'But, but,' stammered Hermione, her thoughts racing, 'the Hogwarts teachers wouldn't cast a memory spell on students.'

'No,' said Harry heavily. 'They wouldn't.'

'Most of them,' interrupted Amadina once more.

'What?!' demanded Hermione.

'Not helping, Amy! It's nothing to do with you, Hermione. I promise.'

'But – memory charms? How do you know?' demanded Hermione, watching Harry closely.

'This … is the tricky bit. If at all possible, I would prefer not to divulge the how and why but –' Here he raised his hand to forestall her furious outrage, 'I realise that is an unreasonable request.'

'Try ridiculous,' muttered Hermione.

Harry smacked his lips, putting down his teacup. 'You have been … busy, Hermione. In the library.'

'Well, obviously, yes. We are assigned homework, you know?'

He waved an impatient hand. 'No, you were researching something else. Something entirely unrelated to homework or Hogwarts in general. And I don't mean the Grindelwald trials either.'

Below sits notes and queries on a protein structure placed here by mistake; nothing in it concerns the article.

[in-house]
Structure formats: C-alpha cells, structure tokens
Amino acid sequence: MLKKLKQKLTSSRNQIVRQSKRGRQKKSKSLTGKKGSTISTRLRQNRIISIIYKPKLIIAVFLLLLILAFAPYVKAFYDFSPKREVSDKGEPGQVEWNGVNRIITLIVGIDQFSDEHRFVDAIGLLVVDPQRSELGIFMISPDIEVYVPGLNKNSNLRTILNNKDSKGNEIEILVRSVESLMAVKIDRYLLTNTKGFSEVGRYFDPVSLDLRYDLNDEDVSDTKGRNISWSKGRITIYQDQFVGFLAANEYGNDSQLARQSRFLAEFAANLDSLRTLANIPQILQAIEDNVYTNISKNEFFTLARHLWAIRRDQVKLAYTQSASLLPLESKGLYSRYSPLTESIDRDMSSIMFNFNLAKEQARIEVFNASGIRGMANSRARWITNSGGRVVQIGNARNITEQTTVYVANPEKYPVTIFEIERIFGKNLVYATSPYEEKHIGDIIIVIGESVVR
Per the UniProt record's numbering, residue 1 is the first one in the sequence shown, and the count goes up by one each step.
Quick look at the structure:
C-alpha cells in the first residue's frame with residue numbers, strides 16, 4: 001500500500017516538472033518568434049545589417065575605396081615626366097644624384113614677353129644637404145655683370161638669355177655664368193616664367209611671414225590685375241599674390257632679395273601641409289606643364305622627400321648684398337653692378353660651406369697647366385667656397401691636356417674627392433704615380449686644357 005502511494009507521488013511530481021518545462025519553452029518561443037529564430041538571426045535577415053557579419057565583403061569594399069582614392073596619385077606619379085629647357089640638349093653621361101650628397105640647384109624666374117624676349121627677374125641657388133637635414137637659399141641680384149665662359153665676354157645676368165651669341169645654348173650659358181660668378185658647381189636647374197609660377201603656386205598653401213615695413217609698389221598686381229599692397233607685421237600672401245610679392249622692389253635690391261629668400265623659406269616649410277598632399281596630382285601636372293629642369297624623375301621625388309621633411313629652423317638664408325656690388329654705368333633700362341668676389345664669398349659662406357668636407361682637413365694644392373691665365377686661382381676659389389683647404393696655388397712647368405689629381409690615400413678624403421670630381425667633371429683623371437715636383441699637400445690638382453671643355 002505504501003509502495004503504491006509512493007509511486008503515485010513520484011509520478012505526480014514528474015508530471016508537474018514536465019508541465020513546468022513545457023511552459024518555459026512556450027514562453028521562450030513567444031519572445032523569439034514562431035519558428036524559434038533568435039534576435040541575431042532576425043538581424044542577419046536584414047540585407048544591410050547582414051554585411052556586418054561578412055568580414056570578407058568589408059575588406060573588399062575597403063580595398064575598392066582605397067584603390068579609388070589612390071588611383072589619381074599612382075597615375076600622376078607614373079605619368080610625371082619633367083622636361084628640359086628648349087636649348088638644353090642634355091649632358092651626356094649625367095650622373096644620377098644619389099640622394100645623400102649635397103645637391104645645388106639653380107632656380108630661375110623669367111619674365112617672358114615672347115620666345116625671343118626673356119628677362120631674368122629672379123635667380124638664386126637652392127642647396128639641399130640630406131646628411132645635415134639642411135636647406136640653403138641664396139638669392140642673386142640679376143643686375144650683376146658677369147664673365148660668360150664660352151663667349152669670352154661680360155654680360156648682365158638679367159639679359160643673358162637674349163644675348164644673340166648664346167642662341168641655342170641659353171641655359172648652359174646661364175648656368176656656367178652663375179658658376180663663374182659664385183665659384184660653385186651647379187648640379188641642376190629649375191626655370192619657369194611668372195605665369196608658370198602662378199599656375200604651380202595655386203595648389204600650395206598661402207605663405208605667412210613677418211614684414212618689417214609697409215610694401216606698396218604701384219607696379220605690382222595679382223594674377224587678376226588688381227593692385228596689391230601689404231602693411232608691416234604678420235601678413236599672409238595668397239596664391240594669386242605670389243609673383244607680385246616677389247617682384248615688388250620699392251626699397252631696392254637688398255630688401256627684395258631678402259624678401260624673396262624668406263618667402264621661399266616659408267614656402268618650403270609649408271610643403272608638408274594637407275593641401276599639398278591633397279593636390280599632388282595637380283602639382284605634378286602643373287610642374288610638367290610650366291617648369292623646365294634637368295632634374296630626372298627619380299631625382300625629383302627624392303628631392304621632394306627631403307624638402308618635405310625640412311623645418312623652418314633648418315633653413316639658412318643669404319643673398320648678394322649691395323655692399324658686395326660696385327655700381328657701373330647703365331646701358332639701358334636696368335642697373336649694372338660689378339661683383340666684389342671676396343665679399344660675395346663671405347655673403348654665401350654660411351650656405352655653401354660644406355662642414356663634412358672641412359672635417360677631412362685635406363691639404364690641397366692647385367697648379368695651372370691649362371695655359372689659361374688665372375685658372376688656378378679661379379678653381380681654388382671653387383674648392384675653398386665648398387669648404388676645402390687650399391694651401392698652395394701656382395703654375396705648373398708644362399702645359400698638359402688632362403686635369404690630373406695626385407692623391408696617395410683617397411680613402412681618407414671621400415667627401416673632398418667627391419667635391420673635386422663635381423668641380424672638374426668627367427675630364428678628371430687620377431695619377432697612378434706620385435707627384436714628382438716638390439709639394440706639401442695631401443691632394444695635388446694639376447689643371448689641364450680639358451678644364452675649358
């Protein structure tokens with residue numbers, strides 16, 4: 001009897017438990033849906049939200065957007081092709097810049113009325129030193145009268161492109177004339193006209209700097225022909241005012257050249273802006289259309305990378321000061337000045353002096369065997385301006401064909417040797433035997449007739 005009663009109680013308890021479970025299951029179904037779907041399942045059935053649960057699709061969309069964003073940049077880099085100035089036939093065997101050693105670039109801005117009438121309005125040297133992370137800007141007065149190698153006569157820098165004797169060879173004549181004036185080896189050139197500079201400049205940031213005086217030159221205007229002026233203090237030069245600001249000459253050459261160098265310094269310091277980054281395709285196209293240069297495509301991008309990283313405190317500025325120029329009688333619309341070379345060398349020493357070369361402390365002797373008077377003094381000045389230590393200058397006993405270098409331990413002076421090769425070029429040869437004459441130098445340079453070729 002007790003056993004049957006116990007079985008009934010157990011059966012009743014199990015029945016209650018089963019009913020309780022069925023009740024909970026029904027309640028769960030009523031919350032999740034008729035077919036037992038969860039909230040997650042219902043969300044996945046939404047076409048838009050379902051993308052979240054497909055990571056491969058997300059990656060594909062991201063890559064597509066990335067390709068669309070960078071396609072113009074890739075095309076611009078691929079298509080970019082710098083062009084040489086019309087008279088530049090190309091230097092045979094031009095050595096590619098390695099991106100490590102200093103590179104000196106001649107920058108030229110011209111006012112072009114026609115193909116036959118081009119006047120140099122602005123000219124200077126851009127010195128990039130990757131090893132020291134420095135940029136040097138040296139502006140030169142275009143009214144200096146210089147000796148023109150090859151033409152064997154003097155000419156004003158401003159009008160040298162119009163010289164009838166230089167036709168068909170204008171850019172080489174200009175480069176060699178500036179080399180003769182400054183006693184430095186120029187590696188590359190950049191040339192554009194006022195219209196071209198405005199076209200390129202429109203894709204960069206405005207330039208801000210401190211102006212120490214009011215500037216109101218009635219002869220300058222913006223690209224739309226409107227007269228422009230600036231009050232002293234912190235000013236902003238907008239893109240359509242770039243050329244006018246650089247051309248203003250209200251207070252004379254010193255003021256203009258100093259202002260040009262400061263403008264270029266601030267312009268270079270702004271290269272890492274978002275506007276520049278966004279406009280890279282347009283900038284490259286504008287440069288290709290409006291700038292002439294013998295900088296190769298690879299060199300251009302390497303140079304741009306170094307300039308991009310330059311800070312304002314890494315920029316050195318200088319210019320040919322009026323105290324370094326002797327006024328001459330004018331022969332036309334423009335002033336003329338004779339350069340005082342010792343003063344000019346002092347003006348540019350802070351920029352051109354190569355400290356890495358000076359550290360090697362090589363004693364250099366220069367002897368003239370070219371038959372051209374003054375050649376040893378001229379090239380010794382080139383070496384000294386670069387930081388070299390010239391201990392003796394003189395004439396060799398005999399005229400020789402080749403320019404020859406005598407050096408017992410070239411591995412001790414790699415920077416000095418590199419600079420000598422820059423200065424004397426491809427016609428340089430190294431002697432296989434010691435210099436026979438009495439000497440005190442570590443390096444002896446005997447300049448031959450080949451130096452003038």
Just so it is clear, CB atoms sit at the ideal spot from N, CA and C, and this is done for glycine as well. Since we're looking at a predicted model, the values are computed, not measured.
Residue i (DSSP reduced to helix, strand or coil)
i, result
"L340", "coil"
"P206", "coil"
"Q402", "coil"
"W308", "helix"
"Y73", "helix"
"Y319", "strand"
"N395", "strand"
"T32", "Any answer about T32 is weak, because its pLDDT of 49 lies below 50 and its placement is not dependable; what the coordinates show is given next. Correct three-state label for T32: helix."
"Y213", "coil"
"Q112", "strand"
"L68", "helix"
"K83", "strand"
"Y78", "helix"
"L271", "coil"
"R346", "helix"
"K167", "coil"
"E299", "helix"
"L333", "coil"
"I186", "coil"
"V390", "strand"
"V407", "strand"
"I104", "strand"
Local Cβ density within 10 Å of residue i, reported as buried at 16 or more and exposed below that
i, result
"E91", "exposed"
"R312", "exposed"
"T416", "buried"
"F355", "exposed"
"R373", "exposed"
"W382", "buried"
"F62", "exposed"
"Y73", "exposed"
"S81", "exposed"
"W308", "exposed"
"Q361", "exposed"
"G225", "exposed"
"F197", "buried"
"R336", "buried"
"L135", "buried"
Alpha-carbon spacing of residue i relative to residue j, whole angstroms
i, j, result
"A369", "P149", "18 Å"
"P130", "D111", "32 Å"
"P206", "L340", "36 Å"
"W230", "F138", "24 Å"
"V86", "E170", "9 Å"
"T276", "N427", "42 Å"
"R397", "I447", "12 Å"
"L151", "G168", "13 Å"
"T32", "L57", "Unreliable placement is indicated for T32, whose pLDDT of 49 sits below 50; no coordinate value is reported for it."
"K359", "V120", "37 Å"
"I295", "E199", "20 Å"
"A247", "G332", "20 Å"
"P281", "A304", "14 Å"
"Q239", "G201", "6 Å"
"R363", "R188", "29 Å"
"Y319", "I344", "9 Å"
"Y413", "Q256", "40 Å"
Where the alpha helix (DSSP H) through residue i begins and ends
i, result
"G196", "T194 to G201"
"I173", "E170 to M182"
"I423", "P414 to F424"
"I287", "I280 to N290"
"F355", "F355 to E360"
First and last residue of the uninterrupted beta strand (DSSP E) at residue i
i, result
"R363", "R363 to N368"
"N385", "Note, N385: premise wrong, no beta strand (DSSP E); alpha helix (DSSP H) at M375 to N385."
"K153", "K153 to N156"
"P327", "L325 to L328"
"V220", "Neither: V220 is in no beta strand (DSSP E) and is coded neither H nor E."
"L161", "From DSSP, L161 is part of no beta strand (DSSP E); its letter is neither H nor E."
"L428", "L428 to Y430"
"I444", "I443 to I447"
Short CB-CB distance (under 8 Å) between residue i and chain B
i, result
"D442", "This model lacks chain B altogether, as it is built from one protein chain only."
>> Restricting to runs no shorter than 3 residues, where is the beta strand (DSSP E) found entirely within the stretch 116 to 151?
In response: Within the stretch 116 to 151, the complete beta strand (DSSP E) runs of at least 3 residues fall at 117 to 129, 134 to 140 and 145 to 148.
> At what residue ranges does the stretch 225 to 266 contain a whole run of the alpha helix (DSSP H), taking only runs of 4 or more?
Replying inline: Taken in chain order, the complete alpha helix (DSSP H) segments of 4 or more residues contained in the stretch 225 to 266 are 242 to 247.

Hermione's eyes widened. 'How do you know?!' she whispered.

Harry gave a humourless smile. 'I believe the question rather is, what don't you know?'

'Nonsense! I would remem-' She stopped. 'I mean, I wouldn't remember whether I did anything or didn't!'

'True,' chuckled Harry. 'But that isn't the issue. The issue is the legality of your past enterprise.'

Hermione snorted. 'You are kidding, aren't you? Harry, let me put this bluntly, I'm – not – like – you!'

'Oh, you aren't, are you? I doubt you were aware of the legal standing of the matter if that's any help. But can you tell me in all honesty that, if presented with some nagging detail you were completely unfamiliar with, no matter how obscure the reference, you wouldn't do your best to get to the bottom of it if? That you wouldn't obsess over it in the library? That you wouldn't leave any stone unturned to solve this mystery? Because that, Hermione, is exactly the kind of person I am. And that, I believe, is also exactly the kind of person you are.'

Hermione made a face as if she had been forced to suck a particularly sour lemon. He wasn't wrong. 'How … illegal are we talking?'

'Not illegal as such – not in the strictest sense. There is no … law involved. But it simply is not done. It is undoubtedly suspicious, especially for someone in your shoes, and – depending on who you ask – incriminating.'

'In my shoes? Do you mean it's not common knowledge for any Muggle-born? So it involves pure-bloods … or politics?'

'Ah,' said Harry, smiling. 'See? There is that inquisitive mind of yours that I respect so much. But, to be perfectly honest here, most pure-bloods aren't any better off regarding this particular matter.'